Once the greenlight was given, all businesses looked to re-open as quickly as possible after the lockdown. This has resulted in countless slapdash efforts for achieving the minimum of viral-safety compliance, with most structural upgrades meant only as temporary installations — and most of them garish at that. As is becoming increasingly apparent, though, COVID-19 is here to stay and so too are the new measures that have been put in place.

The problem is most, if not all, of the provisional objects and signage implemented in the wake of the pandemic look unattractive in well-designed indoor hotel spaces. While all is well and good during patio season, as most customers will remain outside, in the age of COVID-19 our current lobbies and public interiors don’t create environments people actually want to spend time in. Come autumn and winter, this can mean decreased F&B revenues and lower overall guest satisfaction as all visitors won’t feel warm and cozy amidst so much gaudy viral-safety mania.

You don’t want your lobby or restaurants to look abandoned as a result of people not lingering about; you want to facilitate lively atmospheres customers are attracted to. This requires some creativity from seasoned interior-designers who can find opportunities within the adversity arising from COVID-19.

Danny SC Tseng, the Development director at Toronto-based bespoke architecture and interior design firm Syllable, has been working overtime since March to help clients address viral-safety obligations while also making spaces palatable to the passerby. A trained architect himself, Tseng offers the following four trends to consider when upgrading a hotel’s interior with permanent structures that are engaging, as well as COVID-19 compliant.

By re-framing hygiene as an experience, there’s an opportunity to elevate the mere act of sanitization. Consider the automatic hand-sanitizing dispensers placed near the entrance for visitors to disinfect their hands, whereby the perfunctory act of administering rubbing alcohol can be re-branded as a ritualistic experience, which also informs visitors they’re entering a safe and rejuvenating space.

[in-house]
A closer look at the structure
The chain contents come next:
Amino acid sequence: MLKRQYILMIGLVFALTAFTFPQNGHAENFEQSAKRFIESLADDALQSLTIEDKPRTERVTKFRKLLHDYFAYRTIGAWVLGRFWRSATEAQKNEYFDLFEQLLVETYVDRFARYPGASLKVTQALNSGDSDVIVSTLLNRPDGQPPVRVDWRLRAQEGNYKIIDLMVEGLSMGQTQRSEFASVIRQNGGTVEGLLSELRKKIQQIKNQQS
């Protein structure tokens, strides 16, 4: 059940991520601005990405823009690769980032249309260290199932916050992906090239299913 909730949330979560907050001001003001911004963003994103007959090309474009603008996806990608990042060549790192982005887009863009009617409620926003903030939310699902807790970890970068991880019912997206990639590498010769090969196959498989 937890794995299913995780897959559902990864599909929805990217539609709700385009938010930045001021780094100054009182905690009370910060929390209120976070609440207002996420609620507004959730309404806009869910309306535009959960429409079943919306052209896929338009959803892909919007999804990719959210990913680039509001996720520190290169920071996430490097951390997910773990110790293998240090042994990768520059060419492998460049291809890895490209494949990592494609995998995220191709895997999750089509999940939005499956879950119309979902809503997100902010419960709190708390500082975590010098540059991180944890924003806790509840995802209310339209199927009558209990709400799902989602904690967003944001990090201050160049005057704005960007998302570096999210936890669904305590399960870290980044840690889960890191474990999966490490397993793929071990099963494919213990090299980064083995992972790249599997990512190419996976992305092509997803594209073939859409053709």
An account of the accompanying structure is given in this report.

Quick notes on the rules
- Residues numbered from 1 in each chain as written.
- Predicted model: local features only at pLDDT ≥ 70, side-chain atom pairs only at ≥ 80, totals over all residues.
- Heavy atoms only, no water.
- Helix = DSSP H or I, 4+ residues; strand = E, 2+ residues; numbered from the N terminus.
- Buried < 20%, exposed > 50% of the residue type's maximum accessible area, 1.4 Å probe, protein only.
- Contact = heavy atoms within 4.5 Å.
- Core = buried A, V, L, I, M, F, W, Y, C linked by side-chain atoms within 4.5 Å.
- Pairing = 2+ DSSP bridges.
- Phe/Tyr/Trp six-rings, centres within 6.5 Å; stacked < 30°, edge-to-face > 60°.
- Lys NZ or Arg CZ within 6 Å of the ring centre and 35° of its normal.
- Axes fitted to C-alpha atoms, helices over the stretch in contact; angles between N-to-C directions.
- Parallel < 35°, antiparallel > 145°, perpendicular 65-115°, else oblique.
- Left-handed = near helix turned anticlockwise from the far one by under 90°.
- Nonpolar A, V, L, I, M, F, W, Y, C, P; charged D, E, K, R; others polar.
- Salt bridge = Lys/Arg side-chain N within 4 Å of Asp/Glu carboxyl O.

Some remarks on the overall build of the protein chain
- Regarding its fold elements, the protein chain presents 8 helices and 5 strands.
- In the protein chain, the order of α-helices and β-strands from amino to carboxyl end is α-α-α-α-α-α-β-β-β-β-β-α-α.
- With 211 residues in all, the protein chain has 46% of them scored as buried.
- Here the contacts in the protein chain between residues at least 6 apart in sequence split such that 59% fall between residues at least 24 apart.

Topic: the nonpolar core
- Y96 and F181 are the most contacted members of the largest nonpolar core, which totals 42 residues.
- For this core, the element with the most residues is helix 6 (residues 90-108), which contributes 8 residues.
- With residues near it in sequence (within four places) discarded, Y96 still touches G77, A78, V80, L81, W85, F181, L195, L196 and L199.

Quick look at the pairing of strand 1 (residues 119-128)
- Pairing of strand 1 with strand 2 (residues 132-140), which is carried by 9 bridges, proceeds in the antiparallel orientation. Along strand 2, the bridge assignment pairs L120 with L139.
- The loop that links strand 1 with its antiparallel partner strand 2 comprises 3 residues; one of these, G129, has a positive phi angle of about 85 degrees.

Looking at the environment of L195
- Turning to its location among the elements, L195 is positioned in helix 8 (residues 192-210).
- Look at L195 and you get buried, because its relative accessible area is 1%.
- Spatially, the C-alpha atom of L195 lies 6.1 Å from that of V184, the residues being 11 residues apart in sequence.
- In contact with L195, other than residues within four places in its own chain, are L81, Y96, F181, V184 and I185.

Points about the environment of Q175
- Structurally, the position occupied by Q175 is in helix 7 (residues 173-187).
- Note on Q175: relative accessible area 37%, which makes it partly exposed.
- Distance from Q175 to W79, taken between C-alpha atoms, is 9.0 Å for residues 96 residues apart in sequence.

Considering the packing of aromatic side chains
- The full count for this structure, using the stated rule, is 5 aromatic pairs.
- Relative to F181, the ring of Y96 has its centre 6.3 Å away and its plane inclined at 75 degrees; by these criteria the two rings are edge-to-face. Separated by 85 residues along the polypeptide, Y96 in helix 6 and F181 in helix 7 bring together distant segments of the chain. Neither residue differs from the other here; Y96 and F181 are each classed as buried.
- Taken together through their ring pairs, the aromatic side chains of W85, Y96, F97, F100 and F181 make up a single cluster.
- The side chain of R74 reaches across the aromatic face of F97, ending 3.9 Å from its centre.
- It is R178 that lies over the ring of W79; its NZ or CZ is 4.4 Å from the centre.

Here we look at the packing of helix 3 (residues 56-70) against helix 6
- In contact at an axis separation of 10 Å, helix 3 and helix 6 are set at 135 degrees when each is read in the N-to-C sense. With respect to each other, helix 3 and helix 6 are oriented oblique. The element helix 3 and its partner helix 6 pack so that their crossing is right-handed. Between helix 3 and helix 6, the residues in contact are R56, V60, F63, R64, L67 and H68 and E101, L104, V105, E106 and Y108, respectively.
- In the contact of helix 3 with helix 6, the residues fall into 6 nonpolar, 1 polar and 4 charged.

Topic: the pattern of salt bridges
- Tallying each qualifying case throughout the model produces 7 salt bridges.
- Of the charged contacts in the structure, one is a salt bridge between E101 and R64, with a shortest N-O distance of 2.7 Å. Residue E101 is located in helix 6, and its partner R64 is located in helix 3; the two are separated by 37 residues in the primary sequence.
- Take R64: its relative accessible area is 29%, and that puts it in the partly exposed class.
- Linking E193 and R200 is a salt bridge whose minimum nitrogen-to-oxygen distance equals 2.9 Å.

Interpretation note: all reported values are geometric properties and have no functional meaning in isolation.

Designed to resemble spa counters, ‘Cleansing Bars’ can be placed near high-traffic areas to promote cleanliness. Within the suites themselves, UV-sterilizer cabinets for disinfecting keys and wallets can be intentionally built within closets as a design feature to offer guests greater peace of mind. Furthermore, essential oils, such as tea-tree oil, are effective as anti-bacterial and anti-viral agents. Since scent is more closely tied to memory than any of the five senses, hotels can produce their own essential-oil blends to take advantage of this olfactory connection to link the scent to the guest’s memory of staying at the hotel.

Viruses can transfer through contact with exposed surfaces, making high-contact objects and areas dangerous. Hotels can incorporate materials that inherently eliminate germs in high-traffic areas prone to exposure. COVID-19 has been noted to survive for up to three days on plastic and stainless-steel surfaces, while dying within four hours on copper and its alloys, such as brass or bronze. Cork is another anti-bacterial material used as a material finish. Additionally, scientists are exploring biomimicry to create altered textures that can be etched on surfaces and help keep contaminates at bay, similar to the epithelial qualities of cicada wings and lotus leaves.

Screens have been used for centuries as a design feature to define spaces and create privacy. Generic clear Plexiglas as a viral barrier can make visitors feel as if they’re visiting an inmate in prison. Hotels should therefore consider layering decorative screens with Plexiglas as a graphic-design component to visually elevate larger open spaces and create pockets of privacy between patrons. Decorative architectural panels can also help dictate movement to help manage guest-traffic flow. Additionally, inlays within each screen can house wayfinding signage or even sponsored advertisements, acting as both a protective shield and billboard.

There’s still an untapped opportunity for hotels to create a branded, and thus emotionally impactful, experience using signage and wayfinding elements. In addition to helping people navigate, wayfinding visuals can incorporate uplifting messages that align with the brand’s values.

Signage can be crafted to express the brand’s personality through colours and designs that complement a space, while engaging with visitors – perhaps using such playful messaging as, ‘No Mask, No Service’ or ‘Mask on for the Masquerade.’ Friendly and fun, these taglines help guide the visitor’s journey and communicate we’re all still human. As another example, instead of writing, ‘Keep six feet apart,’ use the cheeky phrase, ‘Please admire fellow patrons from afar.’ ◆


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